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Cuomo lauds Sen. Little for bipartisan work

Gov. Andrew Cuomo hugs state Sen. Betty Little, R-Queensbury, at a press conference at the Hotel Saranac Sunday. (Enterprise photo — Elizabeth Izzo)

SARANAC LAKE — Gov. Andrew Cuomo again honored outgoing state Sen. Betty Little for her years of public service Sunday.

Cuomo was in town to promote a snowmobiling weekend on March 14 and 15, designed to entice out-of-state visitors to try out the state’s snowmobile trail network. At a press conference at the Hotel Saranac, he held up his nearly decade-long working relationship with Little as an example of how politicians can reach across the aisle to make progress. Cuomo also honored Little during his annual State of the State address last month.

Little, R-Queensbury, is retiring Dec. 31 after serving in the state Senate since 2003. She previously served seven years in the state Assembly, and before that on the Warren County Board of Supervisors, as a member of the Queensbury town recreation commission, and as a teacher in both Long Island and Queensbury. She will turn 80 this September.

Cuomo said the North Country has had a “tremendous advocate” in Little.

“We are in a crazy world of politics right now. Everything is hyper-partisan and hyper-political,” he said. “There’s no discussion. It’s all yelling; it’s all pointing fingers and yelling.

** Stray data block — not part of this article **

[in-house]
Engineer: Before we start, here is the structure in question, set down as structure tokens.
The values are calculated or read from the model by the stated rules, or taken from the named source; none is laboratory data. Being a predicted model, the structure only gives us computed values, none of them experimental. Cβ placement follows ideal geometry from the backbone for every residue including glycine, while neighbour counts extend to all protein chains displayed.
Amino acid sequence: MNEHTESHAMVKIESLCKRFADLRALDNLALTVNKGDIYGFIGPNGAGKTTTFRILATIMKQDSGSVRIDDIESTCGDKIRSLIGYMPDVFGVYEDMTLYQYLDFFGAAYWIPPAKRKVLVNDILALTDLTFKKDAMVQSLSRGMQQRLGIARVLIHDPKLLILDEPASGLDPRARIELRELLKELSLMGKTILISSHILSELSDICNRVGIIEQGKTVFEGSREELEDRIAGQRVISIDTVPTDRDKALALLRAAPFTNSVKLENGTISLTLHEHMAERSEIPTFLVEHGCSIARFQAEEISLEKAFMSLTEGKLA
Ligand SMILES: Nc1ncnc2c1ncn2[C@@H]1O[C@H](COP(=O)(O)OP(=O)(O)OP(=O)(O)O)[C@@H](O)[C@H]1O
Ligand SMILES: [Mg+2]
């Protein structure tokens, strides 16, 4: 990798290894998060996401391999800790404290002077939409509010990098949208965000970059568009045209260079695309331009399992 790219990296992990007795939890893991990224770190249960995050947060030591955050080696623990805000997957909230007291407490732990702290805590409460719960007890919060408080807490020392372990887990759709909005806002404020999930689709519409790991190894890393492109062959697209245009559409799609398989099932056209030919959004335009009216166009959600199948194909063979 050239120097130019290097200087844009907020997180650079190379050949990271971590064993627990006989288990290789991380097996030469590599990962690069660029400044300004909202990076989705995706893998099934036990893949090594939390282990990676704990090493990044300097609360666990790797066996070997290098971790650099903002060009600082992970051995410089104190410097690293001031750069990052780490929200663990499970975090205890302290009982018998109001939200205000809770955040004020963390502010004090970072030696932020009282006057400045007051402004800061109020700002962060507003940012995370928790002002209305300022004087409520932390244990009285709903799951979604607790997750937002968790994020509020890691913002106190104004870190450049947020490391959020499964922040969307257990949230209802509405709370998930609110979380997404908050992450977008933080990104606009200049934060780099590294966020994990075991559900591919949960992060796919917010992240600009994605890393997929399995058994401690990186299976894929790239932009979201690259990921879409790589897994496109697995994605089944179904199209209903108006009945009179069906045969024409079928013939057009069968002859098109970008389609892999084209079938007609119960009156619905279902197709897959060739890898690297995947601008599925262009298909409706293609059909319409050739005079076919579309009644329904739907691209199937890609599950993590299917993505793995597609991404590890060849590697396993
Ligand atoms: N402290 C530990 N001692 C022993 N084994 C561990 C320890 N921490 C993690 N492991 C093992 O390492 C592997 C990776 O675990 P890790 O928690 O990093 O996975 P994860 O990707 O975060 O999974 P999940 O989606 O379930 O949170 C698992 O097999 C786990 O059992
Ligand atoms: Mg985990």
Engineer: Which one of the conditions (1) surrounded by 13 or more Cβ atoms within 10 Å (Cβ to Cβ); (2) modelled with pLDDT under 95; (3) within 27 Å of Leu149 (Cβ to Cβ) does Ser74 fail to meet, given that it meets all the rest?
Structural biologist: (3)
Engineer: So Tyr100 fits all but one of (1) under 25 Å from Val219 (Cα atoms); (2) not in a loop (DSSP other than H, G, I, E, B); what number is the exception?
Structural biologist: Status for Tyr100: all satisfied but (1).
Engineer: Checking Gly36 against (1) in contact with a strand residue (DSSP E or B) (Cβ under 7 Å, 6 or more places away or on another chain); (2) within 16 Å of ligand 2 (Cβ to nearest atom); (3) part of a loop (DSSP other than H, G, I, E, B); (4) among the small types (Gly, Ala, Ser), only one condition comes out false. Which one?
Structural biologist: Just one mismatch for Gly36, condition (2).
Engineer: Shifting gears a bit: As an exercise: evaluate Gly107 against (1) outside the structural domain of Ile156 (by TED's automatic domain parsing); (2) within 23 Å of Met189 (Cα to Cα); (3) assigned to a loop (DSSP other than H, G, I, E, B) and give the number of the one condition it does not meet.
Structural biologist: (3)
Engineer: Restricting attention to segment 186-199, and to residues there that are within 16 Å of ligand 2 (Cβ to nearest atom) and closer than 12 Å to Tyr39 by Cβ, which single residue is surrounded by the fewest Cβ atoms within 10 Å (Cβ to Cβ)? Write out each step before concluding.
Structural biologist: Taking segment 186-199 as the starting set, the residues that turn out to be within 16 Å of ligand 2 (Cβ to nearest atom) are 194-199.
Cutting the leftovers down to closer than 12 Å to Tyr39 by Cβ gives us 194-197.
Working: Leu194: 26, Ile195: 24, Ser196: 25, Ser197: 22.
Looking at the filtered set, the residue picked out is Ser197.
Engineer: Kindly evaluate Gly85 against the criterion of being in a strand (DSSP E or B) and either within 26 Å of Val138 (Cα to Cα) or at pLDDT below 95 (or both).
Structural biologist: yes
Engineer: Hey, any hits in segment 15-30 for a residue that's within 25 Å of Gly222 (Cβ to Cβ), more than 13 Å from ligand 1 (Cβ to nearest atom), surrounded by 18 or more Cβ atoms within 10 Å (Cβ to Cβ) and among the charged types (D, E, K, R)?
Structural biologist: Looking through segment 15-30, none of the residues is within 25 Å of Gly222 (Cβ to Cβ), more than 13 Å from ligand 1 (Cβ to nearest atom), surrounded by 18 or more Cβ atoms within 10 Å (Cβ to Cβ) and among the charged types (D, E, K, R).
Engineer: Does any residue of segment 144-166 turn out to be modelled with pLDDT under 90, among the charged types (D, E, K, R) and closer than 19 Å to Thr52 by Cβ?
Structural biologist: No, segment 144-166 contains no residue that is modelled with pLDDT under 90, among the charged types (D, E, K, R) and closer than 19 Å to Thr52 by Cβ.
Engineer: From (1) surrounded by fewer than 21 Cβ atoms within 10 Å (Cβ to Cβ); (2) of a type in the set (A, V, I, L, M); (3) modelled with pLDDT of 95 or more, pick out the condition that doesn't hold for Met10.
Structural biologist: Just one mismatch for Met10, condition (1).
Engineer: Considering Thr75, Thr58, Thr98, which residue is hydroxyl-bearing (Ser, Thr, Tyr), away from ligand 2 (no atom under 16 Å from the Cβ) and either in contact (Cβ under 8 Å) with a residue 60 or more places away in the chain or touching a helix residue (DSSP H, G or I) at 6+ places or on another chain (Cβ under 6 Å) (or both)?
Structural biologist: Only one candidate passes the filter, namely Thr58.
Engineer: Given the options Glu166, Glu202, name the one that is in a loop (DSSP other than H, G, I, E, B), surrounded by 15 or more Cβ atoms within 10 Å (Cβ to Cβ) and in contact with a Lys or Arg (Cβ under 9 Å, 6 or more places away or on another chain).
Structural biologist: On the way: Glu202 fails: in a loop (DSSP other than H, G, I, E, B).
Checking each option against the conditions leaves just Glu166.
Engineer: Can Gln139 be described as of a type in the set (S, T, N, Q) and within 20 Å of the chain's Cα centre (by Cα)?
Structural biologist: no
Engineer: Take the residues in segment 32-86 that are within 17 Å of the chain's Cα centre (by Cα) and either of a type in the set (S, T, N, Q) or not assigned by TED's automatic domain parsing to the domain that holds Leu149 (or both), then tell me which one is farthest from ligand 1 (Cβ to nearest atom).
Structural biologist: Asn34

“Sen. Little is a Republican, I am a Democrat. That doesn’t mean we don’t want the same thing. That doesn’t mean we don’t have the same values. It doesn’t mean that one of us is wrong, or one of us is bad. It means we want to have a discussion and a dialogue and achieve the things all of us want to achieve.”

Cuomo added, “Maybe I’m not right all the time,” prompting laughter from the crowd.

“Maybe. Maybe that’s a possibility, that I’m not 100% right,” he said. “Maybe it’s a possibility that Betty isn’t all right all of the time. And of course that’s the truth. Because that’s humanity. None of us are always right, and none of us are always wrong.”

Throughout the years, Cuomo said he and Little were able to sit down and have discussions about the North Country’s needs, despite belonging to different political parties.

“I don’t think we’ve had a difficult conversation in nine years,” he said. “Except with Betty, it was never enough — but that’s also her job.”

Cuomo talked about how Little, as a “tremendously respected” member of the Senate, helped him navigate the Republican-led Senate when he was elected governor.

“We would work on it together,” he said.

“She rose above all the negativity. She rose above all the easy politics. She did beautiful work, and that’s what public service is supposed to be.”

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